Therefore, there is no subject matter jurisdiction over the plaintiff's complaint against the United States.


  The defendants also argue that even if this Court did have subject matter jurisdiction, the complaint should be dismissed for failure to state a claim. Fed.R.Civ.P. 12 (b) (6). On a motion to dismiss for failure to state a claim, the allegations in the complaint are accepted as true. See Grandon v. Merrill Lynch & Co., 147 F.3d 184, 188 (2d Cir. 1998). In deciding a motion to dismiss, all reasonable inferences must be drawn in the plaintiff's favor. See Gant v. Wallingford Bd. of Educ., 69 F.3d 669, 673 (2d Cir. 1995); Cosmas v. Hassett, 886 F.2d 8, 11 (2d Cir. 1989). The Court's function on a motion to dismiss is "not to weigh the evidence that might be presented at trial but merely to determine whether the complaint itself is legally sufficient." Goldman v. Belden, 754 F.2d 1059, 1067 (2d Cir. 1985). Therefore, the defendant's motion should only be granted if it appears that the plaintiff can prove no set of facts in support of her claim that would entitle her to relief. See Swierkiewicz v. Sorema, N.A., 534 U.S. 506, (2002); Conley v. Gibson, 355 U.S. 41, 45-46, (1957); Grandon, 147 F.3d at 188; see also Goldman, 754 F.2d at 1065; Burrell v. State Farm and Cas. Co., 226 F. Supp. 2d 427, 434 (S.D.N.Y. 2002).

  Broadly construed, the complaint alleges that the Government owed the plaintiff a duty to cite her research in the NIMH's presentation at the Columbia symposium. The plaintiff, although a lawyer, has not identified any authority that recognizes such duty or imposes liability based on its breach, and there is no basis for such a claim. The plaintiff has failed to state a claim for which relief can be granted, and the claims would be dismissed even if there were jurisdiction to consider them.*fn1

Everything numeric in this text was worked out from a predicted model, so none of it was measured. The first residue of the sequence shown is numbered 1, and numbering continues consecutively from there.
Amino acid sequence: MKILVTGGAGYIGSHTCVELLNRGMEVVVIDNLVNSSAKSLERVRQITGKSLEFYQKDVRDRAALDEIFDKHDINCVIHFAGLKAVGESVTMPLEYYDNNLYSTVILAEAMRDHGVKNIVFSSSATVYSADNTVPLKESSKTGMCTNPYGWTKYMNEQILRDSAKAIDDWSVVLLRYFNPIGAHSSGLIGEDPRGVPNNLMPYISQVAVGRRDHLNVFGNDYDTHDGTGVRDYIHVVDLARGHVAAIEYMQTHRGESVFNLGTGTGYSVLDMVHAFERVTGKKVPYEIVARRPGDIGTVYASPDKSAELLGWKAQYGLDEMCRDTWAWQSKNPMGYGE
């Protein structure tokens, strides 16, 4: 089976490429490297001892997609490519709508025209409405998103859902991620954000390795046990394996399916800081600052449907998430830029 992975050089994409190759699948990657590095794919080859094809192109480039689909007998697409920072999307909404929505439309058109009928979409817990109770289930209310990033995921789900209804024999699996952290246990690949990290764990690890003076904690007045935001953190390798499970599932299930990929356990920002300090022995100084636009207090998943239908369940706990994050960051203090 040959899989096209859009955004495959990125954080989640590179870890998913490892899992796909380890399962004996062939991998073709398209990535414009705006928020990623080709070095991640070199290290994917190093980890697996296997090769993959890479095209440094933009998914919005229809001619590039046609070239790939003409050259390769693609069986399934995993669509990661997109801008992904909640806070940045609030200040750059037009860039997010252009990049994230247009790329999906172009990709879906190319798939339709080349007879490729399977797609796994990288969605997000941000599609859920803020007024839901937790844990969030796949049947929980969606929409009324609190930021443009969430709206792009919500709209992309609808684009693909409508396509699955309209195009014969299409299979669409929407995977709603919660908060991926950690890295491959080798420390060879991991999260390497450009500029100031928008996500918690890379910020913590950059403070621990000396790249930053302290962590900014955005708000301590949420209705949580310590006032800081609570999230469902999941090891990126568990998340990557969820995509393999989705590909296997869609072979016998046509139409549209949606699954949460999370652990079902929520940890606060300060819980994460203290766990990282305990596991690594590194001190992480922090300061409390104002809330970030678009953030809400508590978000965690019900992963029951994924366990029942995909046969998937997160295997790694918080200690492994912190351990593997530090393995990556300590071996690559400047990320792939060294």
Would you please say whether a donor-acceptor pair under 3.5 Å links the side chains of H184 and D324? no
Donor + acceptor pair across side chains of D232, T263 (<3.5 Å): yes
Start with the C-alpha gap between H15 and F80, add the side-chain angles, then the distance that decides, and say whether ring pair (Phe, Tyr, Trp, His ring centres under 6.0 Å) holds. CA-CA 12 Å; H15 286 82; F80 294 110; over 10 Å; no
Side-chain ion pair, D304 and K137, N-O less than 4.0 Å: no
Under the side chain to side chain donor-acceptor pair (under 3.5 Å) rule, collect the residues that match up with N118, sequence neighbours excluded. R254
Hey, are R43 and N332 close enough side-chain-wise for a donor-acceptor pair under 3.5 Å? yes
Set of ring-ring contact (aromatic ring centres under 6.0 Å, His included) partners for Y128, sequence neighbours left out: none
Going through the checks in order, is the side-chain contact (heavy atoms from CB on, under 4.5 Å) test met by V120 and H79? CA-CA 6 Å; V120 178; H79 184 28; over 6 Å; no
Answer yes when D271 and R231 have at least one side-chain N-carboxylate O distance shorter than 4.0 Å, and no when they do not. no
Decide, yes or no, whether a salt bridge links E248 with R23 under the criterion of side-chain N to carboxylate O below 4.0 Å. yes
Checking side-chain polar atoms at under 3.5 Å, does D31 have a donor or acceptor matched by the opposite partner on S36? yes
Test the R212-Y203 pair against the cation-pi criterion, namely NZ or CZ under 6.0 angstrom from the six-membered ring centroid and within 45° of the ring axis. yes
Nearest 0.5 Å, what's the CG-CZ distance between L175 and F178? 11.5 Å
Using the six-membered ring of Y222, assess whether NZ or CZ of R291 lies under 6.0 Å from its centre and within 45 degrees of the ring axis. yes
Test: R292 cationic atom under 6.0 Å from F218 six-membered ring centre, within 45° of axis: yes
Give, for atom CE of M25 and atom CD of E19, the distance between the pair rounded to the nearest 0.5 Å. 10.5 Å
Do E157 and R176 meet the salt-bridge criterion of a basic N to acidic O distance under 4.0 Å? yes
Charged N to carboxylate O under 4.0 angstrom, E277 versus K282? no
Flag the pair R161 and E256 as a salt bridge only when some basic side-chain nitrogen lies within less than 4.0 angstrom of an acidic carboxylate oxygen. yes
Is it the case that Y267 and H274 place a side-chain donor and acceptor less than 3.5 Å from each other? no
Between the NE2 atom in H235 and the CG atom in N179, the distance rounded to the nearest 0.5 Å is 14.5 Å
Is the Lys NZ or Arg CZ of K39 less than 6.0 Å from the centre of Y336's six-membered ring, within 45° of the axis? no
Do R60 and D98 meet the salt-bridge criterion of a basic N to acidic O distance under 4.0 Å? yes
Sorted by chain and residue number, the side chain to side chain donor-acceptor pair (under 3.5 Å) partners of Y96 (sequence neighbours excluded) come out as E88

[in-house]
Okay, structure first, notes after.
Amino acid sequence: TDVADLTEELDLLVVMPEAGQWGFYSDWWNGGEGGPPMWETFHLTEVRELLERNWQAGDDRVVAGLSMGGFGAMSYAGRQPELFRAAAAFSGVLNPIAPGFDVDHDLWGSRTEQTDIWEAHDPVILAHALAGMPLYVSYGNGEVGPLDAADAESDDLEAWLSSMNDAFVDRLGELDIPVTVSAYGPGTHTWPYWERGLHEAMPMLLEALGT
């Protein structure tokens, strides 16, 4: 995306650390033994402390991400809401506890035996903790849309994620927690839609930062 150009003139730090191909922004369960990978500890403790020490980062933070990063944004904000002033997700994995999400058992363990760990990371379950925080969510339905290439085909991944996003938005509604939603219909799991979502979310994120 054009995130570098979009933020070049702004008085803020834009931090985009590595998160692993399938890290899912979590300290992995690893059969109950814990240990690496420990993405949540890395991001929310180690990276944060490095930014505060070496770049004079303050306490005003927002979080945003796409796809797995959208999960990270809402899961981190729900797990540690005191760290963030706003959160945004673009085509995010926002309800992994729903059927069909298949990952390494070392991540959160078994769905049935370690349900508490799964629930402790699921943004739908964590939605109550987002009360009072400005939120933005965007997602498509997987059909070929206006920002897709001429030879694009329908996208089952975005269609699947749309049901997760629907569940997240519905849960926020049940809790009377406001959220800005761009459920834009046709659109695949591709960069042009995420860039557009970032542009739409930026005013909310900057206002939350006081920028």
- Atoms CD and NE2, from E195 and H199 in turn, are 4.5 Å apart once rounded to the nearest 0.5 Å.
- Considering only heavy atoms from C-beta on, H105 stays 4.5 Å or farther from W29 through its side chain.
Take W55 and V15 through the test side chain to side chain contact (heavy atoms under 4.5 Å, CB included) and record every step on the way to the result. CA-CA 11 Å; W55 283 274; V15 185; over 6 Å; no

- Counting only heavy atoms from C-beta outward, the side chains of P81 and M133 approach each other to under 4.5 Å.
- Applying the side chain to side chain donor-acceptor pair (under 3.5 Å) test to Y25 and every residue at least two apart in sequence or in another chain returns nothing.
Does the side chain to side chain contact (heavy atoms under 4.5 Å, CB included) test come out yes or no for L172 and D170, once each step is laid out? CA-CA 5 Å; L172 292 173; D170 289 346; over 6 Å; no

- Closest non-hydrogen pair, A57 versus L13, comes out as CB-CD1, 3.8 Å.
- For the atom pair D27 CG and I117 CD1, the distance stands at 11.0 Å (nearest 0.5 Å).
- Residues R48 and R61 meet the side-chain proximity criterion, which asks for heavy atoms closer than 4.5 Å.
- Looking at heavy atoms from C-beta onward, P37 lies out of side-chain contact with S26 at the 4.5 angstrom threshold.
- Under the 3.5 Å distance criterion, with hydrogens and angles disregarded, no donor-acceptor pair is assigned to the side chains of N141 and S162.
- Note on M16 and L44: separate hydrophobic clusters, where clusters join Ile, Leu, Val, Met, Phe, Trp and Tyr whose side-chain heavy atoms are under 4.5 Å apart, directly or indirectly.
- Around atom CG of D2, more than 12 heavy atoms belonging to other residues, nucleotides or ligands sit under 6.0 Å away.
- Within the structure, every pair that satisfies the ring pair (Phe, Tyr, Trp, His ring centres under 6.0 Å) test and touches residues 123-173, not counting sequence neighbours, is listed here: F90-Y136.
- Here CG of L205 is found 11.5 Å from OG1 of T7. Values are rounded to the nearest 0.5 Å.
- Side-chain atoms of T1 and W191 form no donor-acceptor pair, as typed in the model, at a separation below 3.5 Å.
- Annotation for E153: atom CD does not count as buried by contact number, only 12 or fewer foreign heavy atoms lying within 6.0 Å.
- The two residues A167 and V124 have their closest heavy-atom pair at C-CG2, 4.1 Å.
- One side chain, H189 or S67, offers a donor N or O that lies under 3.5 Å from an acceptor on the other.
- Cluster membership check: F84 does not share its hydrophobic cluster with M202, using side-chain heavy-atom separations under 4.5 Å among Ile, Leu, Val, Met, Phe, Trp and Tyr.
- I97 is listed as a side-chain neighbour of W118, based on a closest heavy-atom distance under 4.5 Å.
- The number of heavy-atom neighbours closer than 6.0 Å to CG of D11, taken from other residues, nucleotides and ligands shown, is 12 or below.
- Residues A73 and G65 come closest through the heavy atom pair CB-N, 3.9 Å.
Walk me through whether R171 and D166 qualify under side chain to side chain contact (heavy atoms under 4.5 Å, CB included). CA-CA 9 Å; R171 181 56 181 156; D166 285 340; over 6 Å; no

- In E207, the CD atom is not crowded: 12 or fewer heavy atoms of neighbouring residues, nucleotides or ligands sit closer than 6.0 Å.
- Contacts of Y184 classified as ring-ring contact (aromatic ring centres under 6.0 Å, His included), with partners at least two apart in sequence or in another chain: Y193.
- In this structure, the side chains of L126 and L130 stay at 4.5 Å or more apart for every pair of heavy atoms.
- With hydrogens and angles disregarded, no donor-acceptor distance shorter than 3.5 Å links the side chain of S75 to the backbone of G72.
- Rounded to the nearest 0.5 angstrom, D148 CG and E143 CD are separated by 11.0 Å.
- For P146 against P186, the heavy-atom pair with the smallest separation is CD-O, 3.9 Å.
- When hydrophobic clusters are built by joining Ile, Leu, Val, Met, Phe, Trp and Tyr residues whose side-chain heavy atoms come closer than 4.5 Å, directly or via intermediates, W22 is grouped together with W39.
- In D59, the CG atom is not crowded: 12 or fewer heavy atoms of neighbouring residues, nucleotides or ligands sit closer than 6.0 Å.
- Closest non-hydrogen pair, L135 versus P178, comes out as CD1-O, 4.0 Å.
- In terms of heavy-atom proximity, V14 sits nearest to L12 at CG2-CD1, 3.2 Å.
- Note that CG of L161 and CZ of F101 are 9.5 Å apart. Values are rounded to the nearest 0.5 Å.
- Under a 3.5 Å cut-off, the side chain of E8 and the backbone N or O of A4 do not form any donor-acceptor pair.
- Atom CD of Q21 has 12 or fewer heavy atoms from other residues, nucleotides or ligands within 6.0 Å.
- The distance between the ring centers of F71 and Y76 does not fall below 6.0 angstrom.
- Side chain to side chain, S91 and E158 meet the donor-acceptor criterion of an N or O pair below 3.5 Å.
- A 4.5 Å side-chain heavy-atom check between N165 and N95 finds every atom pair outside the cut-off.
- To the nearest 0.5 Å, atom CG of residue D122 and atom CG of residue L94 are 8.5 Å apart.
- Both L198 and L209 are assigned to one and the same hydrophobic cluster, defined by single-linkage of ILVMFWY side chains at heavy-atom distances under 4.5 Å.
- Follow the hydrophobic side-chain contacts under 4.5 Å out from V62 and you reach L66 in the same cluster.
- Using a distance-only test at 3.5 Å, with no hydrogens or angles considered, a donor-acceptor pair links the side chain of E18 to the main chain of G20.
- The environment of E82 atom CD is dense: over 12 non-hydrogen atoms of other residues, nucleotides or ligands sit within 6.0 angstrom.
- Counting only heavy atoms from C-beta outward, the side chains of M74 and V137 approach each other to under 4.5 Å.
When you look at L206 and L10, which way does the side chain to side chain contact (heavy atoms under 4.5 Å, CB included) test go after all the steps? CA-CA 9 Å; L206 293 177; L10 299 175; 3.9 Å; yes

The plaintiff contends in her reply that she was not served properly with the defendants' motion and therefore the defendants' motion to dismiss should be stricken under Federal Rule of Civil Procedure 12(f). (See Reply at 1-2.) The motion to strike is denied. A motion to dismiss is not a pleading subject to motions to strike. Rosen v. Raum, No. 90 Civ. 7966, 1991 WL 79195, at *1 (S.D.N.Y. May 3, 1991). In any event, Rule 12(f) provides for striking any "redundant, immaterial, impertinent, or scandalous matter." There is no such matter in the motion to dismiss. The plaintiff's complaint about not receiving the motion is plainly moot because the plaintiff received the papers and has responded to them. The plaintiff's claim that the papers should be stricken is unjustified and is denied.

  The plaintiff has submitted a series of letters outlining, among other things, accusations of "black market" drug sales (See letter from Anne Locksley to Court dated April 14, 2005 at 2) and mathematical proofs of the plaintiff's theories (See letters from Anne Locksley to Court dated April 18, 2005 and April 19, 2005). The letters add nothing to the motion papers before this Court and do not alter the conclusion that the plaintiff's complaint must be dismissed for the reasons explained above.*fn2 The Court has considered all of the arguments of the parties. To the extent not explicitly addressed above, the arguments are moot or without merit. CONCLUSION

  For the foregoing reasons, the defendants' motion to dismiss is granted in its entirety. The Clerk is directed to enter judgment and close this case.